NEW YORK – The Press On Fund has donated $100,000 to the Leukemia & Lymphoma Society to advance the LLS PedAl pediatric precision oncology master trial.
The goal of LLS PedAI is to study the efficacy and safety of multiple precision oncology drugs at once for children with relapsed acute leukemia. The trial, which will involve as many as 200 sites globally, will match children to a targeted treatment based on the molecular alterations driving their cancers.
The master trial will bring together experts in childhood leukemia. For example, LLS will work with researchers at the University of Chicago Pediatric Cancer Data Commons to buildinfrastructure to consolidate the patient data from multiple institutions, establish a common framework for analysis, and make it accessible to researchers around the world so they can match patients to available trials. The study is slated to begin patient enrollment this summer, according to the LLS website.
"For too long, treatment for pediatric cancer has followed a one-size-fits-all approach and we need to do better," Piper Medcalf, executive director of the LLS Georgia Chapter, said in a statement. "With LLS PedAL, we will."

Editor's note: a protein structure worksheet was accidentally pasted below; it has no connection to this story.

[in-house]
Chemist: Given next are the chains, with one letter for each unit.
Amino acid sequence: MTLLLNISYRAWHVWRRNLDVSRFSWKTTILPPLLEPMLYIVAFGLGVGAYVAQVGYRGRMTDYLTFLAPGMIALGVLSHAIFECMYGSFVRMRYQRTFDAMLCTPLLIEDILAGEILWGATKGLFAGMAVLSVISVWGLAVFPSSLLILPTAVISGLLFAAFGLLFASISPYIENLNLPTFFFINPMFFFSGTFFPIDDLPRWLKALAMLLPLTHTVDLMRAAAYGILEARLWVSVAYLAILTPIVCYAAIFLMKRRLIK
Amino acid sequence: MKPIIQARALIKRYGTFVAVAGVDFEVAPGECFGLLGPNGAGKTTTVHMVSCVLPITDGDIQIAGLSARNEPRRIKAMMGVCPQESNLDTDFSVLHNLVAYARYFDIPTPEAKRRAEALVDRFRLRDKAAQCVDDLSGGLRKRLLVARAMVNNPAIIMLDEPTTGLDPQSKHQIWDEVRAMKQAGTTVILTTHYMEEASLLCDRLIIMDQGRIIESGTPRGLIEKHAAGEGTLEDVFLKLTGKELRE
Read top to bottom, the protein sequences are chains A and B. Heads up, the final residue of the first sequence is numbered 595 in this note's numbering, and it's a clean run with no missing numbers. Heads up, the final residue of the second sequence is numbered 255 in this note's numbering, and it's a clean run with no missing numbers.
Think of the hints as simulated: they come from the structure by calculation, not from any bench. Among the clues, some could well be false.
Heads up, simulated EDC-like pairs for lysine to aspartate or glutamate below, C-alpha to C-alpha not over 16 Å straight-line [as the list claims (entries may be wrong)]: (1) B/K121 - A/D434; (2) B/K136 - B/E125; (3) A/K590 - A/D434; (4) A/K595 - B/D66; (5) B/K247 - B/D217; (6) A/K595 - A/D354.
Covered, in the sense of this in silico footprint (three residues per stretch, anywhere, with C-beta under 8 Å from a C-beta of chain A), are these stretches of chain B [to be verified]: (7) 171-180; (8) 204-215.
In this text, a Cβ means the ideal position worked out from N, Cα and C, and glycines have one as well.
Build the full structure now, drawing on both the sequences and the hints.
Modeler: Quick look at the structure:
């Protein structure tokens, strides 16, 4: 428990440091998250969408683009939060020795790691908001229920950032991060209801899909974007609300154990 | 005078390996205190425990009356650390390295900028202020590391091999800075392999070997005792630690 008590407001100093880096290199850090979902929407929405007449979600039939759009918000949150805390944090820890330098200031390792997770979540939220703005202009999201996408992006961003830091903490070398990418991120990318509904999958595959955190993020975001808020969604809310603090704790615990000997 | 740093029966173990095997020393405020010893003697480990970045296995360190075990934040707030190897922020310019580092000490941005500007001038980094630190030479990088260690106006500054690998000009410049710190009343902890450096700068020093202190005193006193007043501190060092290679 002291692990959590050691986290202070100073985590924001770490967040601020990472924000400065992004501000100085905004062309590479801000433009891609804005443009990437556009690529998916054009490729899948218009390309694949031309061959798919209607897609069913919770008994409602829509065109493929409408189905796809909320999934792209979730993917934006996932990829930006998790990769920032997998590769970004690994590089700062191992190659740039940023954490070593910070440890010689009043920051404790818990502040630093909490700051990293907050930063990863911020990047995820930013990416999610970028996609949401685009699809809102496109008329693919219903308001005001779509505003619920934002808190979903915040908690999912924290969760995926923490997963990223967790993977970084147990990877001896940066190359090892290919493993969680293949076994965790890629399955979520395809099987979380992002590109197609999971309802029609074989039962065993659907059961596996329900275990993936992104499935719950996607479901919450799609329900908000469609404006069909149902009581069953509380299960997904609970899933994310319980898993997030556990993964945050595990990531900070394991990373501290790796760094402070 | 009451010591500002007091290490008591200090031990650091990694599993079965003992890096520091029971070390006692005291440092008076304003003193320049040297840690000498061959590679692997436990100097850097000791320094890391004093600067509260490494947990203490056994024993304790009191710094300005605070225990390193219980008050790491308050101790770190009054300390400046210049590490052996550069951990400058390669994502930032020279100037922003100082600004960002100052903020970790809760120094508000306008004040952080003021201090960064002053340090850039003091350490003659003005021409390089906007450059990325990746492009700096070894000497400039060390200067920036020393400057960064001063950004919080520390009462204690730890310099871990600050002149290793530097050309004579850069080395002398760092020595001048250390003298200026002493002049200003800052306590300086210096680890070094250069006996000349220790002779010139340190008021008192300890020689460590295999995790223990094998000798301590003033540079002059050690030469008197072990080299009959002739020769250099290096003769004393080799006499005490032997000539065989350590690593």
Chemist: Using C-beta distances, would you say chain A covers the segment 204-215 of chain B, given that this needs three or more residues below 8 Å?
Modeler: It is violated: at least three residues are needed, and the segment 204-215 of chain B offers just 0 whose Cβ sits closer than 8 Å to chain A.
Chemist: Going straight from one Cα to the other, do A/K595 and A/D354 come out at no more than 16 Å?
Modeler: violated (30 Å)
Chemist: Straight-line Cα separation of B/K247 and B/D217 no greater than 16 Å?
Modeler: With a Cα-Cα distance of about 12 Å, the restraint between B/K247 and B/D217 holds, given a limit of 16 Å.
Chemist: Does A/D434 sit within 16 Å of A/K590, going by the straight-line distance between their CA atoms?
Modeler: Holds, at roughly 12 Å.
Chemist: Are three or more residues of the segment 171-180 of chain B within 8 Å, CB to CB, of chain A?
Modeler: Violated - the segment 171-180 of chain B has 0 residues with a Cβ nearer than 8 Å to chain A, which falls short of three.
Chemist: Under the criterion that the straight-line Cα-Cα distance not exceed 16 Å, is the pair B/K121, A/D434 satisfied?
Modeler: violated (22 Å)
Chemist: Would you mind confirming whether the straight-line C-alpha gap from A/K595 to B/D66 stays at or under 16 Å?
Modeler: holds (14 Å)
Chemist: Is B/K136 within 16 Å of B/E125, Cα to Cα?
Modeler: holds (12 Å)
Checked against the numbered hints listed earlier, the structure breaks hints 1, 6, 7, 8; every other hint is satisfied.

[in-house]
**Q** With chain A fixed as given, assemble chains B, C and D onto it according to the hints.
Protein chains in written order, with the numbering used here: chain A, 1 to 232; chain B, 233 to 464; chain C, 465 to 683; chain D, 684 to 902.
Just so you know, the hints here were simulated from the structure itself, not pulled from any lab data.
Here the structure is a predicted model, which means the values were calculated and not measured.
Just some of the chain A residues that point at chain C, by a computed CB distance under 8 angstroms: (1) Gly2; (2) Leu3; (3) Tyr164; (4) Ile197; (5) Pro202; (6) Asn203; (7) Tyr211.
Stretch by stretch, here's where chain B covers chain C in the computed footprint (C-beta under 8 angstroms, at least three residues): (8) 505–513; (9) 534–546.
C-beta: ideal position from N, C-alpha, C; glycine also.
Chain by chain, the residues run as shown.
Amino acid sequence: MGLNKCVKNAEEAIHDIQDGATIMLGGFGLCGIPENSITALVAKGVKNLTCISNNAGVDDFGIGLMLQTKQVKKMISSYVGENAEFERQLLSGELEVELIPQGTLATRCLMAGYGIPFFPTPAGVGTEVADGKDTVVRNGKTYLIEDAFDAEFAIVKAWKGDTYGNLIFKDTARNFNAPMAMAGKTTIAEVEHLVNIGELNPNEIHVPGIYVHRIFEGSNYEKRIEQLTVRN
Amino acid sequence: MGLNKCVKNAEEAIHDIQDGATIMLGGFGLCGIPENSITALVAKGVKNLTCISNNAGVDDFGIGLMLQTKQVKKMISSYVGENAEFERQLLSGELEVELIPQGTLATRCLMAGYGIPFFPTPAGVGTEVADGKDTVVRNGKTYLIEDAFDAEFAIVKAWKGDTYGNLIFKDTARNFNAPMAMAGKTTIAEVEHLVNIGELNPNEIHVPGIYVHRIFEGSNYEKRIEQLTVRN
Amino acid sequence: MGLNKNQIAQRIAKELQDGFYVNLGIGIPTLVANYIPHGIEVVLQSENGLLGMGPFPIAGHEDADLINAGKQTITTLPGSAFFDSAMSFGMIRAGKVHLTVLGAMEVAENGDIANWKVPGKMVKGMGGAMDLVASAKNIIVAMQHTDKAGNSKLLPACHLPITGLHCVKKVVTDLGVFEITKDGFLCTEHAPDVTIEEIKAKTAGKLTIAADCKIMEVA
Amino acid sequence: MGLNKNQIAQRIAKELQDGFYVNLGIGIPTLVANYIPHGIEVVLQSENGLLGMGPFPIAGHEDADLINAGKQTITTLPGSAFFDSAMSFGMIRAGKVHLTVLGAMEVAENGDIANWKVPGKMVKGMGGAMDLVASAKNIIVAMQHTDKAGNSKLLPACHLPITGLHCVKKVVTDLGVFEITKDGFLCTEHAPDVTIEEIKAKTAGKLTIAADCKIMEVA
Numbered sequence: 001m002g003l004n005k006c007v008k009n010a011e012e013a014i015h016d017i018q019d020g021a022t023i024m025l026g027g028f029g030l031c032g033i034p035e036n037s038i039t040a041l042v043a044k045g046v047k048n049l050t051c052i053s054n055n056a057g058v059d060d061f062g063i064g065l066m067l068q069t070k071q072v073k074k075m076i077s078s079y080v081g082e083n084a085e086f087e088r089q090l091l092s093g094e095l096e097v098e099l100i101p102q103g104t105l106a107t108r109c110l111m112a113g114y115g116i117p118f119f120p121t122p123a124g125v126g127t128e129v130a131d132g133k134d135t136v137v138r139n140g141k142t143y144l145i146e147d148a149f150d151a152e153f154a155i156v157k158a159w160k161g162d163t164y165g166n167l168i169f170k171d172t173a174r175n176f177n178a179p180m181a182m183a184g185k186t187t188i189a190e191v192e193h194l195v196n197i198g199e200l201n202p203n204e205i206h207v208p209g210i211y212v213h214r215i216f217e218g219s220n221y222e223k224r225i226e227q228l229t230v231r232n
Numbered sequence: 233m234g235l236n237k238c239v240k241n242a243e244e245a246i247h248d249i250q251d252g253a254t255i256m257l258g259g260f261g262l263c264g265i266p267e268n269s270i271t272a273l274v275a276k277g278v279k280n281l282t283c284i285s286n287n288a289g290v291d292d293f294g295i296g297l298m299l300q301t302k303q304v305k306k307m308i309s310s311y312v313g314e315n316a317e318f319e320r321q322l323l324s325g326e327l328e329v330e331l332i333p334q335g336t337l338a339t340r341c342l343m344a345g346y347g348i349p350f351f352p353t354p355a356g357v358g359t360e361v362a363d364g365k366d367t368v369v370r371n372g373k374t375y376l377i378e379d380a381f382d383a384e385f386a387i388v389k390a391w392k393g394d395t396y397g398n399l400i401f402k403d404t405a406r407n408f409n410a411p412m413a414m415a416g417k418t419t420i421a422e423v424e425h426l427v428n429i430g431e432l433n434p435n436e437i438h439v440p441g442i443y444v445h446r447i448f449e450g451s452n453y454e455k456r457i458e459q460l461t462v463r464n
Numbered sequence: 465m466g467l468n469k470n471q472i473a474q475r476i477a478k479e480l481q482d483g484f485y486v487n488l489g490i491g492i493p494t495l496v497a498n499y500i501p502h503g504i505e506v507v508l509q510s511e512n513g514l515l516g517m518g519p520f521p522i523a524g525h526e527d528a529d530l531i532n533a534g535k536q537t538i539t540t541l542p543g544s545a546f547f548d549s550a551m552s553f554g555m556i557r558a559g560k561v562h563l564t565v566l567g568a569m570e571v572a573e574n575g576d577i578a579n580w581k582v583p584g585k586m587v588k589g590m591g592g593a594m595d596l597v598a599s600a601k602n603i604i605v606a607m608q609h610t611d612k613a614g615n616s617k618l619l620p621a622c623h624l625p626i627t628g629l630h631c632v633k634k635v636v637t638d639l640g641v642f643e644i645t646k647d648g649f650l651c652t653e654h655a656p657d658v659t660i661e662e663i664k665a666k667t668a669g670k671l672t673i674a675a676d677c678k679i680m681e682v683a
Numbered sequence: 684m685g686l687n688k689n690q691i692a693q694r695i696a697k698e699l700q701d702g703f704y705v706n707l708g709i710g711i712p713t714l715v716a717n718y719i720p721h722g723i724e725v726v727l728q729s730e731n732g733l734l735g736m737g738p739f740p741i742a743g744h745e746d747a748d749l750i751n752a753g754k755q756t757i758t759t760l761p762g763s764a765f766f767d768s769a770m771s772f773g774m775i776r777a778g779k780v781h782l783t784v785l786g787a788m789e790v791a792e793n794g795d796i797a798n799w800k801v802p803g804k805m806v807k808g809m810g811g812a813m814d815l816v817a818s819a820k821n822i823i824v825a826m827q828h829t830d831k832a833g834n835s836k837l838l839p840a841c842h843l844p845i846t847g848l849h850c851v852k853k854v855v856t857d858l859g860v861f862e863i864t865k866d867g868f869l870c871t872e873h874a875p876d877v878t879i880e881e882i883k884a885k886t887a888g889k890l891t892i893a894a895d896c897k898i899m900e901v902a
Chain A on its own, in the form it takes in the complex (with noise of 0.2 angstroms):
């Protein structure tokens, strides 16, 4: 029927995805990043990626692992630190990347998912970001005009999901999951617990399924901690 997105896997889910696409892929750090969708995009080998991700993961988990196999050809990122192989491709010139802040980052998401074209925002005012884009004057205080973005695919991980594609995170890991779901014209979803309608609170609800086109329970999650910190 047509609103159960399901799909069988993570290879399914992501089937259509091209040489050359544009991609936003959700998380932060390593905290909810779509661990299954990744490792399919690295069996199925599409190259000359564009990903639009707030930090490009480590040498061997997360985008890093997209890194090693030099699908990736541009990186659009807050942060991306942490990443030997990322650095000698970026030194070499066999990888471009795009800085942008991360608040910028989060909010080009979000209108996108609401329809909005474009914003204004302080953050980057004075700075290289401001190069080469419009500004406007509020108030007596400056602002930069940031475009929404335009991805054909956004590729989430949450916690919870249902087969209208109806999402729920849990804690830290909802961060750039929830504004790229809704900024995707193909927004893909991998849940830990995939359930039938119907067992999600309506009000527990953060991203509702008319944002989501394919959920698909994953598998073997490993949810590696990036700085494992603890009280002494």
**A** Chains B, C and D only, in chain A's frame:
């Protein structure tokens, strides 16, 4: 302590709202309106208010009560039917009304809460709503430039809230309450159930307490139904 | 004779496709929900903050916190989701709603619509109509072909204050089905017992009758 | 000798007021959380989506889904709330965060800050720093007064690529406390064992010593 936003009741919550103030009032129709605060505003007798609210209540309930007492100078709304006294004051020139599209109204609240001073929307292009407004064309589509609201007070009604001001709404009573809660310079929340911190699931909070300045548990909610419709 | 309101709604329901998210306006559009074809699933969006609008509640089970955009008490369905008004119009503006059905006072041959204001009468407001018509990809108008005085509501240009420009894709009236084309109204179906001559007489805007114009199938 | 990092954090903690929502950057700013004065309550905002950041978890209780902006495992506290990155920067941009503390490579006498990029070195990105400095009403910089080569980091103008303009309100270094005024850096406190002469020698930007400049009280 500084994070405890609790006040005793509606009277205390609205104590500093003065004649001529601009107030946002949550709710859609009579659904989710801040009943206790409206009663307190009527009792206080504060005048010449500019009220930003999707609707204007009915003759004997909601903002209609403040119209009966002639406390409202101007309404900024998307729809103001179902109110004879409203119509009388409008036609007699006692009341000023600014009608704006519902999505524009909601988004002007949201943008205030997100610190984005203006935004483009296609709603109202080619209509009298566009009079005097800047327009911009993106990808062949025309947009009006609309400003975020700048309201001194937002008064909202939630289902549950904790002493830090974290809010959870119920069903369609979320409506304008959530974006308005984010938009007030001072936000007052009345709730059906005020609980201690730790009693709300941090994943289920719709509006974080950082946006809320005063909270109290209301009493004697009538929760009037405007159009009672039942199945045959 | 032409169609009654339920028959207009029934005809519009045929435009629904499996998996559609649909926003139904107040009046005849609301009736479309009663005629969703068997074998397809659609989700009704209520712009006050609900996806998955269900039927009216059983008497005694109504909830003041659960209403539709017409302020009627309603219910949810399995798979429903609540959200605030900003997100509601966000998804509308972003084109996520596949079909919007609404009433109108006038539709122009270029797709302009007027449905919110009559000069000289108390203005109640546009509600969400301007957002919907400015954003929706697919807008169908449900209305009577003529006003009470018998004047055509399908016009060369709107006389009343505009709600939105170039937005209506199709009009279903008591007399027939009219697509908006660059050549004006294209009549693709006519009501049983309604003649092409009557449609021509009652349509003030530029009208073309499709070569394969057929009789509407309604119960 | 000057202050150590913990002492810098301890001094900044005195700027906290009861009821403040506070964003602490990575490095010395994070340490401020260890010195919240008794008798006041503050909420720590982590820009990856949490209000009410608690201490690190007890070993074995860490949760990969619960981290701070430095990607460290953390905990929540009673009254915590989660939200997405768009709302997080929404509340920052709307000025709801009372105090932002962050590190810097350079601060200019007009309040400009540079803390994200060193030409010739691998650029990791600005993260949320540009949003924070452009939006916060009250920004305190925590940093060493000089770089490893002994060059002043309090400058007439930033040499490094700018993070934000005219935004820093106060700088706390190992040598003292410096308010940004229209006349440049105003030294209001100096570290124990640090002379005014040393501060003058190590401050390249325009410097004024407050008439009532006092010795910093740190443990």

Acute lymphoblastic leukemia is the most common type of pediatric blood cancer, and often, children survive it. But the standard treatments are harsh and can result in life-threatening and long-term complications.
"As parents who have experienced this fight first-hand, we know how important LLS PedAL is for children and families everywhere," Tara Simkins, co-founder of the Press On Fund and the mother of a pediatric cancer survivor, said in a statement. "We are extraordinarily hopeful about this groundbreaking research, offering promise for less toxic and more effective treatment options for children battling cancer."
The LLS PedAI trial is part of a $100 million ongoing effort called The LLS Children's Initiative that is working to fund new therapeutic research, advocacy efforts, and education and support services to children and their families.
The LLS has experience conducting these types of studies. The organization started the Beat AML umbrella trial in 2016, aiming to advance new precision therapies for those age 60 years or older and treatment naive. At the American Society of Hematology's annual meeting last year, researchers reported that they employed a rapid approach that allowed older, previously untreated patients with acute myeloid leukemia to receive first-line treatments based on the molecular profile of their cancer.